Sunday last found the members of the North Lancashire District Association of the Cyclists’ Touring Clab gathered in Ellis' tea rooms at Gisburn for the purpese holding their annual general meeting and much more important, of course—their annual dinner and concert.
I will not bore the long-suffering readers of this column with a lengthy account of the meeting, but will briefly mention the officials elected for the coming year. President : The Bishop of Burnley; Vice-Presidents : Messrs. J. Atkinson, T. Hargreaves, W. TLord, and J. Smith ; hon. secretary : Mr. G. A. Hudson (7, Pine Street, Nelson) ; hon. treasurer : Mr. W. Lord ; hon. auditor Mr. H. Leaver; hon. Press secretary : Mr W. R. Mitchell. The committee comprises four delegates from each section, viz. : Mrs Hudson, Messrs. H. Blezard, H. Bowdin, and J. Nuttall (Nelson section), and Messrs: W. Waddington, R. Livesey, W. Briggs and H. Holding (Blackburn section). The meeting closed at 4-30.
The annual dinner began at 5-15, and over 70 members sat down to an excellent repast under the chairmanship of Mr. J. Atkinsons The District Association dinner, as supplied by Miss Ellis, is always eagerly anticipated by our appreciative members. To hear them talk about the dinner, any listener would be led to suppose that our members fasted for several weeks in preparation for the event. After looking at their plump faces the listener would doubtlessly refuse to believe these exaggerated declarations but had he been at Gisburn on Sunday and seen, how easily our members disposed of four-course dinner he could have been pardonably excused for believing that there was some truth in their statements, But it has aaways been one of the advantages of cycling that it creates a healthy appetite particularly in winter. To all who suffer from any inability to dispose of food. I have no hesitation whatever in recommending thebicycle as a cure for their complaint.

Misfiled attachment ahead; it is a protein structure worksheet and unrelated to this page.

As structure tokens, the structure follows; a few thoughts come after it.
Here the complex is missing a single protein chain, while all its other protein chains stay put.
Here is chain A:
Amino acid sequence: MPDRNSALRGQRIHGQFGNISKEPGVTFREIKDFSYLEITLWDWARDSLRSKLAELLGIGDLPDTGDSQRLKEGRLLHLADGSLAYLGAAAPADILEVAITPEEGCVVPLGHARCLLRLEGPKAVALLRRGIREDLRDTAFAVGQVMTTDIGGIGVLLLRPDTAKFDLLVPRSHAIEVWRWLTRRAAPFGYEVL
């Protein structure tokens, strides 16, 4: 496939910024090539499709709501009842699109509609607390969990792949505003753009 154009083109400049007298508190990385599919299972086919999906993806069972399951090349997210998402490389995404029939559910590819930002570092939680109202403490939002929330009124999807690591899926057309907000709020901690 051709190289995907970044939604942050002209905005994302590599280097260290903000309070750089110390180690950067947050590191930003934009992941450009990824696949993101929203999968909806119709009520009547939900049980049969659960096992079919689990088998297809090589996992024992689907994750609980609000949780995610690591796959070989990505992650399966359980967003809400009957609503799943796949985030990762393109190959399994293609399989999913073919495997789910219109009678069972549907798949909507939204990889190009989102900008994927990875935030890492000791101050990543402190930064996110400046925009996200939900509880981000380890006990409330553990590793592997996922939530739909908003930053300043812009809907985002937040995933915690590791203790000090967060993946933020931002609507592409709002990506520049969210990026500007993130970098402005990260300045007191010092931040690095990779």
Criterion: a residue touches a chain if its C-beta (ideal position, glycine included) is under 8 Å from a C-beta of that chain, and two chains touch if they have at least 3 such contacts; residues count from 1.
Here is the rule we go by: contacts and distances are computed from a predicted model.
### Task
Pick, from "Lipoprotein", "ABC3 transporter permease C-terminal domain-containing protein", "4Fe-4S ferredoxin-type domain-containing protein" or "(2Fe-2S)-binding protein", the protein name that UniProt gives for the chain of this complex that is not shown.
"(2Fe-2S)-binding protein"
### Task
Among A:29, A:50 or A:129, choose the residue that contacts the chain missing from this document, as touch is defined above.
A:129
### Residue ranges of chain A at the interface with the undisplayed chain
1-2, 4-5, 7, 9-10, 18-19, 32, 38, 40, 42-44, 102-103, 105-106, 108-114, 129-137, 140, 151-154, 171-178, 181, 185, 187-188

The dinner eventually came to a satisfactory conclusion and the tables wene cleared away. Then came the concert. Our chairman, who is a personal friend of Mr. "Willie" Taylor, had been fortunate enough to secure for our entertainment the services of four members of the Savoy Opera Singer, namely : Miss F. Greenwood (contralto); Mr. T. Hartley (tenor); Mr. W. A. Taylor (baritone), and Mr. H. Skirrow (pianist), who, together with Miss Illingworth (violinist) of Colne, rendered an excellent programme. Their programme was verv varied and comprised of vocal solos, duets and trios (operatic, sentimental and humorous), violin solos and humorous sketches. Several of the items brought the house down; one of them, "The Rivals." a humorous duet by Messrs. Taylor and Hartley, had an unrehearsed culmination added to it. The singers, with ecstatic gestures, were pleading with a maiden seated near the door ‘to be their’s,' when the door slowly opened and the head of one of our members emerged from behind the door-jamb and popped into the room. This unexpected denouement, together with the bewildered expression that appeared on the face of the member at apparently being almost frantically implored by two gentlemen "to be their's." caused a general collapse amongst the audience. Another item "The Leader of the Town Brass Band" by Miss Greenwood with the help of Messrs. Taylor and Hartley (who were the band in question) raised such vociferous applause that the band (sic) was compelled to give a special item, "Sonny Boy,” which brought mock tears to the eyes of the performers and real tears (of laughter) to the eyes of the audience. Our campers, who have a so-called band composed of an unconventional mixture of musical instruments, were loud in their praise of this item, and they have, I believe, decided to make Messrs. Taylor and Hartley honorary members of their band. The humorous sketches were very well acted and kept the audience rocking with merriment, and the songs and violin solos which were admirably accompanied by Mr. Skirrow, received loud applause. The concert came to an end all too soon, at 8-30, Mr. G. Hudson moving a vote of thanks to the artistes, to which Mr. Taylor suitablyresponded.
The journey home over Coldweather hill was a damp and misty one, but no grumbling was heard about the weather; we were too busy laughing about the concert to trouble about a trifle like the weather.